Your rod and Your staff, they comfort me.
You prepare a table before me in the presence of my enemies; You anoint my head with oil; My cup overflows.
Surely goodness and mercy shall follow me all the days of my life, and I shall dwell in the house of the Lord forever.

Mizmor le’David, Adonai roi lo echsar.
Binot desheh yarbitzaini, al mei menuchot y’nahaleini.
Nafshi yeshovev yancheini bemag’lei tzedek l’maan shemo.
Gam ki elech be’gei tzalmavet, lo ira ra ki atah imadi,

Shivtecha u’mishantecha hema y’nachamuni.
Ta’aroch lefanai shulchan neged tzorirai dishanta vashemen roshi, cosi rivaya.
Ach tov va’chesed yirdifuni kol yemei chayai v’shavti b’veit haShem l’orech yamim.

מִזְמור לְדָוִד,
ה׳ רֹעִי לֹא אֶחְסָר.
בִּנְאוֹת דֶשֶׁא יֵרְבִּיצֵנִי,
עַל-מֵי מְנֻחוֹת
יְנַהֲלֵנִי.
נַפְשִׁי יְשׁוֹבֵב, יַנְחֵנִי
בְמַעְגְלֵי-צֶדֶק לְמֵעֵן
שְׁמוֹ.
גַם כִּי-אֵלֵךְ בְּגֵיא
צַלְמָוֶת לֹא-אִירָא רָע
כִּי-אַתָּה עִמָדִי, שִׁבְטְךָ
וּמִשְׁעַנְתֶּךָ הֵמָה
יְנַחֲמֻנִי.
תַּעֲרֹךְ לְפָנַי
שֻׁלְחָן נֶגֶד צֹרְרָי,
דִשַנְתָּ בַשֶמֶן
רֹאשִי כּוֹסִי רְוָיָה.
אַךְ, טוֹב וָחֶסֶד
יִרְדְפוּנִי כָּל-יְמֵי חַיָי,
וְשַׁבְתִּי בְּבֵית-ה׳
לְאֹרֶךְ יָמִים

Children’s Blessings:
For sons, the introductory line is:
May God make you like Ephraim and Menashe.
Y’simcha Elohim k’Efraim v’chi-Menashe.
יְשִׂימְךָ אֱלהיִם כְּאֶפְרַיְם וְכִמְנַשֶּׁה

For daughters, the introductory line is:
May God make you like Sarah, Rebecca, Rachel, and Leah.
Y’simech Elohim k’Sarah Rivka Rachel v’Leah.
יְשִׂימֵךְ אֱלהיִם כְּשָׂרָה רִבְקָה רָחֵל וְלֵאָה

For both sons and daughters, the rest of the blessing is:
May God bless you and guard you.
Y’varechecha Adonai v’Yismerecha.
יְבָרֶכְךָ יְהוָה וְיִשְׁמְרֶךָ

May the light of God shine upon you, and may God be gracious to you.
Ya’er Adonai Panav Elecha v’chuneka.
יָאֵר יְהוָה פָּנָיו אֵלֶיךָ וִיחֻנֶּךָּ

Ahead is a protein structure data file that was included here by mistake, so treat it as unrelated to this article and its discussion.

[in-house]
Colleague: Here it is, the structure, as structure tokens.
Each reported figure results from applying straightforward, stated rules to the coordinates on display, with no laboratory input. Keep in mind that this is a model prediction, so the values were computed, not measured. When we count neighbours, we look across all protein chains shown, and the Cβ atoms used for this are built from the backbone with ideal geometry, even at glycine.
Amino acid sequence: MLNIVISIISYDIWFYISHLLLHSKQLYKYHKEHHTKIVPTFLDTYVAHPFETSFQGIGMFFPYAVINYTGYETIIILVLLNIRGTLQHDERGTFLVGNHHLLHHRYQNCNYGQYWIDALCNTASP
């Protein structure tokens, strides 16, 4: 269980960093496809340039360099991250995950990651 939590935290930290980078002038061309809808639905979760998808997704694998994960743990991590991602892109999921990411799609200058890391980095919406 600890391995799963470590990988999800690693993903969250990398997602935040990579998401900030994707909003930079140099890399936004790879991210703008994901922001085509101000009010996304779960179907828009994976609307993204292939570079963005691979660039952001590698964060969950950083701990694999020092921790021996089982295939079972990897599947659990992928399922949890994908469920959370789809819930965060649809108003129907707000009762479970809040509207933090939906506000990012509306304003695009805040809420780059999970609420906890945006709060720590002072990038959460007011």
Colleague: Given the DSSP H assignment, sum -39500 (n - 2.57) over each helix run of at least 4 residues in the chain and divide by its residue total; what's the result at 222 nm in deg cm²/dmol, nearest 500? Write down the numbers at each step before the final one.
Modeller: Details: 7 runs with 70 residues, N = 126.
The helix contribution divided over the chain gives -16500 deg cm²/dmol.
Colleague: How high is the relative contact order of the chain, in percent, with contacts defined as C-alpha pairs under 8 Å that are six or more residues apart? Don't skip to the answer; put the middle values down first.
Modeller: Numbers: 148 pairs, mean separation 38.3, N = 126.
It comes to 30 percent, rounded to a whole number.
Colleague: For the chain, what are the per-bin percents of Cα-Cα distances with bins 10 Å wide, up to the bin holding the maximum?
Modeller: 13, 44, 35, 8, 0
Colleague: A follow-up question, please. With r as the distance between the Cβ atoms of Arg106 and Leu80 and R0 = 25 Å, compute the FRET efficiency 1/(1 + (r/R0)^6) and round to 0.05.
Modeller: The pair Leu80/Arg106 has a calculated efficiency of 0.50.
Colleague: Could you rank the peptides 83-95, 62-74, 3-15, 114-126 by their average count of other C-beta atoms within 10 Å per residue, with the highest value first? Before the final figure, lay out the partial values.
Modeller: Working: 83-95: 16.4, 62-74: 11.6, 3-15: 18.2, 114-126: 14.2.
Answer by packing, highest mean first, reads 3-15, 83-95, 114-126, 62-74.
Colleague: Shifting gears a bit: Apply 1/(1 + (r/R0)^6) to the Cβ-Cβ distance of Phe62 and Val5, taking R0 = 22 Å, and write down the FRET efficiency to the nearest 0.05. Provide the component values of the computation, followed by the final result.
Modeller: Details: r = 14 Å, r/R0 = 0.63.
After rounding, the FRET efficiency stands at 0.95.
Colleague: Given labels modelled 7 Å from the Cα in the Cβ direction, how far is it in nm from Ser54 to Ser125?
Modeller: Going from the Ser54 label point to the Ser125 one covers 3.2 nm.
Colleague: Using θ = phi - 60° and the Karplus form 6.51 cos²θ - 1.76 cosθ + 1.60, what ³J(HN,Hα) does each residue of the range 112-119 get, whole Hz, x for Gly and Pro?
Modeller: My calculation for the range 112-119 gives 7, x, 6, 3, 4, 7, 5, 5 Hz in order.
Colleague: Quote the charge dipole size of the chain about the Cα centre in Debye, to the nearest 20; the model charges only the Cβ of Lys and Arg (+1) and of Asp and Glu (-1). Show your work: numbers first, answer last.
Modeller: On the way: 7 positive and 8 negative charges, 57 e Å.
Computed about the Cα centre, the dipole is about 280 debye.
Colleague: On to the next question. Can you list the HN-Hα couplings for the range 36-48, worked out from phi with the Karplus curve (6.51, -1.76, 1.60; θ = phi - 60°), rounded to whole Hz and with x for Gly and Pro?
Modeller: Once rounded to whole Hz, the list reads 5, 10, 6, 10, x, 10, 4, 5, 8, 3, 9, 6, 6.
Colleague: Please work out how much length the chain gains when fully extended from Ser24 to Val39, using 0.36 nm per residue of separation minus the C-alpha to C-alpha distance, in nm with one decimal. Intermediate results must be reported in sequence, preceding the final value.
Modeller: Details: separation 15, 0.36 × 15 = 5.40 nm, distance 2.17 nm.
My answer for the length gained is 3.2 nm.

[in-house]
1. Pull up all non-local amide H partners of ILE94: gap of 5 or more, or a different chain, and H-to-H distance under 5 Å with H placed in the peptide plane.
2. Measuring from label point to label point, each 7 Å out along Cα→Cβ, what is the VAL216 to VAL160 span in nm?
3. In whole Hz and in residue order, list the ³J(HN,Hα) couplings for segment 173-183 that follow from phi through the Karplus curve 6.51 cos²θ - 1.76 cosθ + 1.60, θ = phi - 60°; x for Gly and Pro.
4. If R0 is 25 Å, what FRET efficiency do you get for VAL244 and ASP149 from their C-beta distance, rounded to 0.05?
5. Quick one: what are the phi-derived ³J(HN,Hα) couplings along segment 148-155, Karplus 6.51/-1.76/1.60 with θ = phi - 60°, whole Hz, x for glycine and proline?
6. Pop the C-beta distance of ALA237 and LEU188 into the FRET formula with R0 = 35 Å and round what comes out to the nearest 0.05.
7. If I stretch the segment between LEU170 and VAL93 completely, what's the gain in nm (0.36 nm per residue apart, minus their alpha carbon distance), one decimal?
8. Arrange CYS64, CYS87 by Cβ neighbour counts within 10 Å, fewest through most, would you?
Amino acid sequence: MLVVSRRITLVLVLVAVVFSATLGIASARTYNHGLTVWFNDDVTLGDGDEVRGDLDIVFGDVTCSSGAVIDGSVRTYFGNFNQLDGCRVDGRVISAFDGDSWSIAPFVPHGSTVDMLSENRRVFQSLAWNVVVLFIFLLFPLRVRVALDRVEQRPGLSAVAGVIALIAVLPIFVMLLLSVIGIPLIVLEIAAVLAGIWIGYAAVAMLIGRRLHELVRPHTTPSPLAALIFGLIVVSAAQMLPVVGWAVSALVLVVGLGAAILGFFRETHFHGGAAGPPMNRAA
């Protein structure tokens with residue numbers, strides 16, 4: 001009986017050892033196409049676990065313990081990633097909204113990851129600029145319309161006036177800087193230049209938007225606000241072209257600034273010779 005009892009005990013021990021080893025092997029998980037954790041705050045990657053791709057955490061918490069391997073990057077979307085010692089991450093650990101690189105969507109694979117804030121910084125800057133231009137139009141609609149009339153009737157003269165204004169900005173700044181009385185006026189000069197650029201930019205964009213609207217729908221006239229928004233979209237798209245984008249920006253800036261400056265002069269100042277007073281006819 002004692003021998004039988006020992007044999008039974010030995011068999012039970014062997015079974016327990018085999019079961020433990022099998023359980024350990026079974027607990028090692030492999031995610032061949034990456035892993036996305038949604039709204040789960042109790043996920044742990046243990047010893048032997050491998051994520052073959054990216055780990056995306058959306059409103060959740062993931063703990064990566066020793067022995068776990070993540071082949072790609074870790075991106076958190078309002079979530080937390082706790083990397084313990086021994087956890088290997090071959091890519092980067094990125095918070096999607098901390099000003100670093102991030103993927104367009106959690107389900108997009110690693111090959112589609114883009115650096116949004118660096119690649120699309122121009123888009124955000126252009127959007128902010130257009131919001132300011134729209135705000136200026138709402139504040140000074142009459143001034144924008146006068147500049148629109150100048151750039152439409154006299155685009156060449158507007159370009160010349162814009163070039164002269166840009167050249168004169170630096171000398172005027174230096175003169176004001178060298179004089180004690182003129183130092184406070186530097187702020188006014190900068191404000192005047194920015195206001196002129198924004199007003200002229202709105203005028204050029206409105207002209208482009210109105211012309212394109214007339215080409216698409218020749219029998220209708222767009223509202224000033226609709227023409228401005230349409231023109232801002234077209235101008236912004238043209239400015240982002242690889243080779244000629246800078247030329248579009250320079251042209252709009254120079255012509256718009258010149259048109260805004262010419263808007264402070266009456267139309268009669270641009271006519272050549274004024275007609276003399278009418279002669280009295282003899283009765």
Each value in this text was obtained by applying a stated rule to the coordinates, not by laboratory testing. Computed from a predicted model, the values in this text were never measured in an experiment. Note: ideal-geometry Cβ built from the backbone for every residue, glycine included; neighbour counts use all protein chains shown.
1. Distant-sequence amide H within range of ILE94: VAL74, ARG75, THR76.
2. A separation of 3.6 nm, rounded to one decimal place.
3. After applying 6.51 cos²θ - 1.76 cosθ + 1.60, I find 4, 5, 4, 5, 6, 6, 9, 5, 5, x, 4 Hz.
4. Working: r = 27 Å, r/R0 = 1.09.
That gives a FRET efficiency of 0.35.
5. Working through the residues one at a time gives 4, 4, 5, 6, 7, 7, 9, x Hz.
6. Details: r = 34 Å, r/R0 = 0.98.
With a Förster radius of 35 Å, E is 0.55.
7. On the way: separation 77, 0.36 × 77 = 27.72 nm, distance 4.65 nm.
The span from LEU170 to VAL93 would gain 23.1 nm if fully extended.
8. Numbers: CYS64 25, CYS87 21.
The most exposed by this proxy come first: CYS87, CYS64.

May the presence of God be with you and give you peace.
Yisa Adonai panav eleicha v’yasem lecha Shalom.
יִשָּׂא יְהוָה פָּנָיו אֵלֶיךָ וְיָשֵׂם לְךָ שָׁלום

Song: Sanctuary
Lord, prepare me to be a sanctuary, pure and holy, tried and true. And with thanksgiving, I’ll be a living Sanctuary within You.

Kaddish
Yitgadal v’yitkadash sh’mei raba b’alma di-v’ra
chirutei, v’yamlich malchutei b’chayeichon
uvyomeichon uvchayei d’chol beit yisrael, ba’agala
uvizman kariv, v’im’ru: “amen.”
Y’hei sh’mei raba m’varach l’alam ul’almei almaya.
Yitbarach v’yishtabach, v’yitpa’ar v’yitromam
v’yitnaseh, v’yithadar v’yit’aleh v’yit’halal sh’mei
d’kud’sha, b’rich hu,
l’eila min-kol-birchata v’shirata, tushb’chata
v’nechemata da’amiran b’alma, v’im’ru: “amen.”
Y’hei shlama raba min-sh’maya v’chayim aleinu
v’al-kol-yisrael, v’im’ru: “amen.”
Oseh shalom bimromav, hu ya’aseh shalom aleinu

בל: יִתְגַּדַּל וְיִתְקַדַּשׁ שְׁמֵהּ רַבָּא. [קהל: אמן]
בְּעָלְמָא דִּי בְרָא כִרְעוּתֵהּ וְיַמְלִיךְ מַלְכוּתֵהּ בְּחַיֵּיכון וּבְיומֵיכון וּבְחַיֵּי דְכָל בֵּית יִשרָאֵל בַּעֲגָלָא וּבִזְמַן קָרִיב, וְאִמְרוּ אָמֵן: [קהל: אמן]
קהל ואבל: יְהֵא שְׁמֵהּ רַבָּא מְבָרַךְ לְעָלַם וּלְעָלְמֵי עָלְמַיָּא:
אבל: יִתְבָּרַךְ וְיִשְׁתַּבַּח וְיִתְפָּאַר וְיִתְרומַם וְיִתְנַשּא וְיִתְהַדָּר וְיִתְעַלֶּה וְיִתְהַלָּל שְׁמֵהּ דְּקֻדְשָׁא. בְּרִיךְ הוּא. [קהל: בריך הוא:]
לְעֵלָּא מִן כָּל בִּרְכָתָא בעשי”ת: לְעֵלָּא לְעֵלָּא מִכָּל וְשִׁירָתָא תֻּשְׁבְּחָתָא וְנֶחֱמָתָא דַּאֲמִירָן בְּעָלְמָא. וְאִמְרוּ אָמֵן: [קהל: אמן]
יְהֵא שְׁלָמָא רַבָּא מִן שְׁמַיָּא וְחַיִּים עָלֵינוּ וְעַל כָּל יִשרָאֵל. וְאִמְרוּ אָמֵן: [קהל:אמן]
עושה שָׁלום בעשי”ת: הַשָּׁלום בִּמְרומָיו הוּא יַעֲשה שָׁלום עָלֵינוּ וְעַל כָּל יִשרָאֵל וְאִמְרוּ אָמֵן: [קהל: אמן]

Mourners’ Kaddish (English Translation)

Glorified and sanctified be God’s great name throughout the world
which He has created according to His will.

May He establish His kingdom in your lifetime and during your days,
and within the life of the entire House of Israel, speedily and soon;
and say, Amen.

May His great name be blessed forever and to all eternity.

Blessed and praised, glorified and exalted, extolled and honored,
adored and lauded be the name of the Holy One, blessed be He,
beyond all the blessings and hymns, praises and consolations that
are ever spoken in the world; and say, Amen.

May there be abundant peace from heaven, and life, for us
and for all Israel; and say, Amen.

He who creates peace in His celestial heights,
may He create peace for us and for all Israel;
and say, Amen.

From Rabbi Tom: Shabbat — Fire & Light
The whole world has a connection and relationship with holiness. On Shabbat, the internal light of everything is revealed. And to see it, all that is required is to let the light in. (Rabbi Yehudi Aryeh Leib Alter, 1847-1905

Elie Wiesel told of a poet who was asked what he would save from his burning home. He could save only one thing. What would it be? The poet answered that he would save the fire itself, for without the fire, life would not be worth living.